It’s a losing battle. Unless you are willing to admit what you are up against and you’re honest with yourself. I mean brutally honest.
First, you need to admit that technology is not neutral. Neither the hardware, nor the applications we use, are neutral. They are as neutral as the big brand that spends billions of dollars to convince you that you need more shit. These technologies are built for you to consume more every day, month, and year. That is their single most important metric. A tree is neutral, Instagram is not.
In Silicon Valley, it’s a race to the bottom of your brainstem; where your fear, anxiety, and loneliness reside. The brain stem is one of the most basic regions of the human brain, yet it is one of the most vital regions for our body’s survival. Product managers and leading engineers at the big technology companies know this, just as sure as Don Draper knew it when he pitched Kodak. They are using the same predatory and unethical techniques.
One could say it’s my responsibility to have discipline and self-control over my phone and my overall digital consumption, but it’s not quite that simple. You see, there are thousands of people at Apple, Google, Facebook, Amazon, and Instagram who are tasked with breaking me. They will do whatever they can to ensure I don’t stop. This isn’t science fiction, this is reality.
And so you could ask when these features are being designed, are they designed to most help people live their life or are they being designed because they’re best at hooking people into using the product? – Tristan Harris
Let me ask you this, do you ever start your day by reaching for your phone while still in bed? I admit it, I have. What could have happened while you and 95% of the people you know were sleeping? If you, or someone you know, lit up a cigarette upon waking you’d probably say that’s a sign of a pretty serious addiction. Are smartphones the new cigarettes?
Ever feel your phone vibrate in your pocket but then when you go to check you don’t even have your phone in your pocket? Phantom vibration is a real thing and very similar to euphoric recall which many drug users feel when triggered by something related to their addiction, a sound, a scent, or an image.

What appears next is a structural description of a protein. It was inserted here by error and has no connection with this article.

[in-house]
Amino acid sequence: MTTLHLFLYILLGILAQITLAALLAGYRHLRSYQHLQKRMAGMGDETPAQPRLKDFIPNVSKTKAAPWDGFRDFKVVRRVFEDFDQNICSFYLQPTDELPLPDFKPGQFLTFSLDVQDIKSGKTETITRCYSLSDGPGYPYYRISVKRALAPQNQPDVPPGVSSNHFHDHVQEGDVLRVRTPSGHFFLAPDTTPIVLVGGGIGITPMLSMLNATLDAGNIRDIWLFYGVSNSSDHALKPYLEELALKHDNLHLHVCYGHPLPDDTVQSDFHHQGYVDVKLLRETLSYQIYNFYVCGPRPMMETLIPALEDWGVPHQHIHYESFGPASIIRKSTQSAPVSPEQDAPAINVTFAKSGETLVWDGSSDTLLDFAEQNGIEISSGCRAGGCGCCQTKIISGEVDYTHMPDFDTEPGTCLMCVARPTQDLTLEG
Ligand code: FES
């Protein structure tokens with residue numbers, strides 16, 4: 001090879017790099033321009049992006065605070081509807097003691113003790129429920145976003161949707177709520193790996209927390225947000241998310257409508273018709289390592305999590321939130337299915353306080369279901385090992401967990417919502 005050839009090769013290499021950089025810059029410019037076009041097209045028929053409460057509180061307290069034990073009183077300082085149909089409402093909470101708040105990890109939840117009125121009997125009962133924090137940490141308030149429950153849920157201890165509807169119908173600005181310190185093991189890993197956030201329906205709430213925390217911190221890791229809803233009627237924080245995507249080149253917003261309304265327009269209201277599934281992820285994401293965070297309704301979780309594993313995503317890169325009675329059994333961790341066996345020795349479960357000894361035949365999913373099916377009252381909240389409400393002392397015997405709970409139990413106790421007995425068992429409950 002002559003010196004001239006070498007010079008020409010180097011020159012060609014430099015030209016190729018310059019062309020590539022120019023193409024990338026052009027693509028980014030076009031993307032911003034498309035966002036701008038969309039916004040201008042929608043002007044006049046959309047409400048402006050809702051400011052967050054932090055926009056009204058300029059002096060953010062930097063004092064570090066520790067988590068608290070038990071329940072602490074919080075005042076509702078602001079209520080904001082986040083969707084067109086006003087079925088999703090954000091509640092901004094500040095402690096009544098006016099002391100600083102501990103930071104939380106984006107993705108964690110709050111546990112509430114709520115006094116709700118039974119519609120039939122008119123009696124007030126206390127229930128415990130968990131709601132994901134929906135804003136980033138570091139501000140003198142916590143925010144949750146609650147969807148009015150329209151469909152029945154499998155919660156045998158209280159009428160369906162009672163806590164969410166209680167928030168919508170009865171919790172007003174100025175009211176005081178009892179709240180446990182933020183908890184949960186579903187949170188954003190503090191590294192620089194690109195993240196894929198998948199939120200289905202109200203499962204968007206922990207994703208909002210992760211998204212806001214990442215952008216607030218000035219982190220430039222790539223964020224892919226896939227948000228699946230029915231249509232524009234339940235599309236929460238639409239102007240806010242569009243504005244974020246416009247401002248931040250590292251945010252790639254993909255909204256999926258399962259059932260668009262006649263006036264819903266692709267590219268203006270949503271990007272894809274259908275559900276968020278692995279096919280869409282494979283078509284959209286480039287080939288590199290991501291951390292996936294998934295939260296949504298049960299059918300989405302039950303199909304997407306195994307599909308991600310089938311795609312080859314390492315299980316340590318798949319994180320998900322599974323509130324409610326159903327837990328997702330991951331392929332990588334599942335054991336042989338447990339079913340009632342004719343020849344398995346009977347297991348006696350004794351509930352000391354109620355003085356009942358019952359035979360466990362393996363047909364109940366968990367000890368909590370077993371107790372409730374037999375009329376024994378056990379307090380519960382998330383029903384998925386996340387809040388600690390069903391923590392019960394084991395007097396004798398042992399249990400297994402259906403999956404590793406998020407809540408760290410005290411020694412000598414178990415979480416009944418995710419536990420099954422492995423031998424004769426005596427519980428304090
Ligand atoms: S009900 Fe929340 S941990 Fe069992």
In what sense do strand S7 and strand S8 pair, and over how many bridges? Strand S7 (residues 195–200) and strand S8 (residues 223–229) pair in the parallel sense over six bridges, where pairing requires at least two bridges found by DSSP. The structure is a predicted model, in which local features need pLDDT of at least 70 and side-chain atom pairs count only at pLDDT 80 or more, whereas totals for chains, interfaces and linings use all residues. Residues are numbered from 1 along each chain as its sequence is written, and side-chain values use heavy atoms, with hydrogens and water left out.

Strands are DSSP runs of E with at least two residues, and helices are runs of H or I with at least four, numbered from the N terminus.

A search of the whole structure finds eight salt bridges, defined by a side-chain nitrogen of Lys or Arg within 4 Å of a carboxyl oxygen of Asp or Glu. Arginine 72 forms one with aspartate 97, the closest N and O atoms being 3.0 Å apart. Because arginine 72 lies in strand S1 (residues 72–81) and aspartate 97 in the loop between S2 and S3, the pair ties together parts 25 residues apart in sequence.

There is a tendency for people to remember past experiences in a positive light, while overlooking negative experiences associated with that event. There are engineers who understand how addiction works and they apply it to their code. It’s built into your hardware.
The phone and the applications on it are constantly stimulating your brain. However, human brains were not built for this constant stimulation. It’s as though your phone is a slot machine, and the apps on it are programming you to come back over and over again. And it works! On average, people check their phones 150 times per day.
Twelve years ago, before anyone had smartphones, Tony Schwartz addressed the unmanageable challenge of being constantly stimulated in his book, The Power of Full Engagement. In mental training, as in physical training, it is important to exercise and then rest. Stress and rest are both necessary, but in a rhythmic cycle. Rhythms are everywhere in the universe: sunrise, sunset; full moon, new moon; summer, autumn, winter, spring. Your heartbeat and sleep are also rhythmic. How can you restore your energy if you are over stimulated by technology addictions? You can’t because of this epic ‘you versus technology’ battle that most of us aren’t even aware is happening.
So then why do we do it? Why do we continue to succumb to this addiction? Again, I draw the comparison to addictive drugs. Technology and feeling like you’re constantly connected to the people ‘in your life’ allows you to run and hide from your fear, your loneliness. It’s a coping mechanism. You hand over power to your phone the same way you hand over your power to cocaine. We first reach for technology because we are anxious, we are literally scared of spending time with our own thoughts, we want to run away from ourselves.
First, cortisol is released and brings with it feelings of anxiety. We then check our phones in order to relieve those feelings. It was those nasty notifications on your phone that initiated the spike of cortisol in the first place. The hardware and software is then designed to provoke a neurological response around desire and pleasure. That pleasure results in a hit of dopamine and we are temporarily relieved, temporarily happy.
We are at an inflection point where the ubiquity of our technology, and the speed with which it’s impacting the far reaches of our society call for greater attention not just to how we build it, but why it matters, and how it extends and contributes to the achievement of human goals. Scott Hartley
Next time you go to reach for your phone ask yourself what you’re looking at it for. Why are reaching for it? Next time you find yourself in an Instagram hole ask yourself how are you feeling right now? Why are you feeling that way? Are you lonely? Bored? Tired? What else could you do to fill that void or replace that feeling? Is this time well spent?
The way we use phones and the apps installed on them is a coping mechanism. They help us alleviate feelings of anxiety and loneliness. Goliath knows this. You are in a battle and real keys to victory are often obscured by our misconceptions, in this case that technology is neutral. Perceiving your feelings correctly can amount to a David-sized advantage.
What would happen if you didn’t use that coping mechanism anymore? What would you have to face? What do you need to address in yourself to be able to face that head on?